Regional anesthetic techniques have long
been denied in these patients, even though no scientific data are available.
As for all demyelinating disorders, as the disease progresses, nerve
stimulation becomes technically more difficult, thus making nerve location
more unreliable, and less concentrated local anesthetic solutions are
sufficient. Epidural and spinal anesthesias have been performed without
adverse effects in many patients. FRDA patients have a marked sensitivity to
depolarizing muscle relaxants, which induces hyperkalemia. The sensitivity
to nondepolarizing muscle relaxants is increased, and proper neuromuscular
monitoring is essential. However, monitoring of muscle relaxation may be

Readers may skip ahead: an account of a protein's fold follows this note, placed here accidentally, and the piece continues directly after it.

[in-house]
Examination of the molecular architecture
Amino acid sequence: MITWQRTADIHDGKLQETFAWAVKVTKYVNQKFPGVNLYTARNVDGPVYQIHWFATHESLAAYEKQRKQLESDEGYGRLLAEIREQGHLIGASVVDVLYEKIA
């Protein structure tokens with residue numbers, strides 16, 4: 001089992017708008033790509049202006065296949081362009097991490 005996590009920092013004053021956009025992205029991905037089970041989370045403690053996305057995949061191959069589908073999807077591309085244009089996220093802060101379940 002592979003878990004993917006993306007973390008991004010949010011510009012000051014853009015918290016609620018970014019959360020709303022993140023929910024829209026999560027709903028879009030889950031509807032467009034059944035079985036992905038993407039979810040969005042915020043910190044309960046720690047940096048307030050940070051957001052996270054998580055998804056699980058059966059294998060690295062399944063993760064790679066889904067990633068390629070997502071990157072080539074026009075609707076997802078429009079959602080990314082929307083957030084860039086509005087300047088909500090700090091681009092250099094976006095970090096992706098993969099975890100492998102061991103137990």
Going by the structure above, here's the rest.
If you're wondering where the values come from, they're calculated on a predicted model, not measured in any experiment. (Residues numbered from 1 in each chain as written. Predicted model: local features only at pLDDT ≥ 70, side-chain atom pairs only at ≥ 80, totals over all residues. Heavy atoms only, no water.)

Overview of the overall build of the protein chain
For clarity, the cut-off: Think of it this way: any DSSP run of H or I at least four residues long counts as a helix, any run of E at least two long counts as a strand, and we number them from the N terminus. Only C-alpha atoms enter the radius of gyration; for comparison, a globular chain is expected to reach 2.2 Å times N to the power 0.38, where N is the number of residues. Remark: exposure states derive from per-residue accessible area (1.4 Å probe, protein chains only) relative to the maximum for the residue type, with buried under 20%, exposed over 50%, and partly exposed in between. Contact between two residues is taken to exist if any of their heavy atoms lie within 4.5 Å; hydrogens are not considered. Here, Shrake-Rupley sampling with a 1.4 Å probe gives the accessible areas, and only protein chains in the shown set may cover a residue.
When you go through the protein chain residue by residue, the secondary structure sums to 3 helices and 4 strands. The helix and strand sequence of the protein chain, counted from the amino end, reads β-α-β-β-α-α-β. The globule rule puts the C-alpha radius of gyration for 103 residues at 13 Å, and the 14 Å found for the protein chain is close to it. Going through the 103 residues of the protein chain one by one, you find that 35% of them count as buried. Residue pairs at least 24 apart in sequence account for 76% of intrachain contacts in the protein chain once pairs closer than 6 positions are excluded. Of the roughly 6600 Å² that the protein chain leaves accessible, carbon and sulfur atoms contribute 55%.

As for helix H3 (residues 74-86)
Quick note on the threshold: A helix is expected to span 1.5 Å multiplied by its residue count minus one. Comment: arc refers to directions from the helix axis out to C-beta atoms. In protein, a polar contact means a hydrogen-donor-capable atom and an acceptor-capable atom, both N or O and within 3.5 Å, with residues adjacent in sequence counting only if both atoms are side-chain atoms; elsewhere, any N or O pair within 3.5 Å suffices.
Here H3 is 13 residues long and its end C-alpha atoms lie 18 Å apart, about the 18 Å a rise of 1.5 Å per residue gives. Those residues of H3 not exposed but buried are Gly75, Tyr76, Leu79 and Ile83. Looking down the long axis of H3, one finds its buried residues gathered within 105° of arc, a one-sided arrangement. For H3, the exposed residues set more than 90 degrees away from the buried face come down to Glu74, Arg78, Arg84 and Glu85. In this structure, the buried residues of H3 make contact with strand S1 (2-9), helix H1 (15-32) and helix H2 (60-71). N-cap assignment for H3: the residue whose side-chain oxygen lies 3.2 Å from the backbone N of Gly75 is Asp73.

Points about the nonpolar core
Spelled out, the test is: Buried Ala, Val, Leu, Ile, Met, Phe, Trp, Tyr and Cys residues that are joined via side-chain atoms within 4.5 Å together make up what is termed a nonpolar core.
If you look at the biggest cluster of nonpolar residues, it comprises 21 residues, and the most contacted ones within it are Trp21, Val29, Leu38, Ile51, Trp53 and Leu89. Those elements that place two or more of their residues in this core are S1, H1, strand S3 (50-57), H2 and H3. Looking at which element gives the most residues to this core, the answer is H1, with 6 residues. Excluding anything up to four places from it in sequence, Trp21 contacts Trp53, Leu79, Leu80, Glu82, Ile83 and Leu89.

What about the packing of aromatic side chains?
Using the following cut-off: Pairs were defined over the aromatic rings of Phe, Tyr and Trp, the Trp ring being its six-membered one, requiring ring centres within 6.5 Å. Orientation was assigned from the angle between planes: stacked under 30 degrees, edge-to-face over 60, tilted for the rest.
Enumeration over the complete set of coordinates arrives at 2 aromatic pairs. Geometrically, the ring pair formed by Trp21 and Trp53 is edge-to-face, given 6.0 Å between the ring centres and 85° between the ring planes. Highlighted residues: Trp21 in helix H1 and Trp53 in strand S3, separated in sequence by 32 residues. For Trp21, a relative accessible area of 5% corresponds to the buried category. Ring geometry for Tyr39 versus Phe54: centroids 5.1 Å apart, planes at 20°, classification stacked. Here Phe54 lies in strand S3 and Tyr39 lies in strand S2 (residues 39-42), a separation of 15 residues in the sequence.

difficult, depending on the progress of the disease. If general anesthesia
is used, transesophageal echocardiographic monitoring is helpful to maintain
continuous evaluation of cardiac contraction. As with any hypertrophic
cardiomyopathy, maintain adequate volume status and avoid tachycardia,
vasoplegia, and adrenergic stimulation during the intraoperative and
postoperative periods. Postoperative supervision must emphasize hemodynamic
and cardiac rhythm monitoring, adequate analgesia, and careful clinical
muscular monitoring, especially of the pharyngeal and respiratory muscle.
Postoperative mechanical ventilation must be considered to ensure adequate
ventilation and facilitates adequate pain management.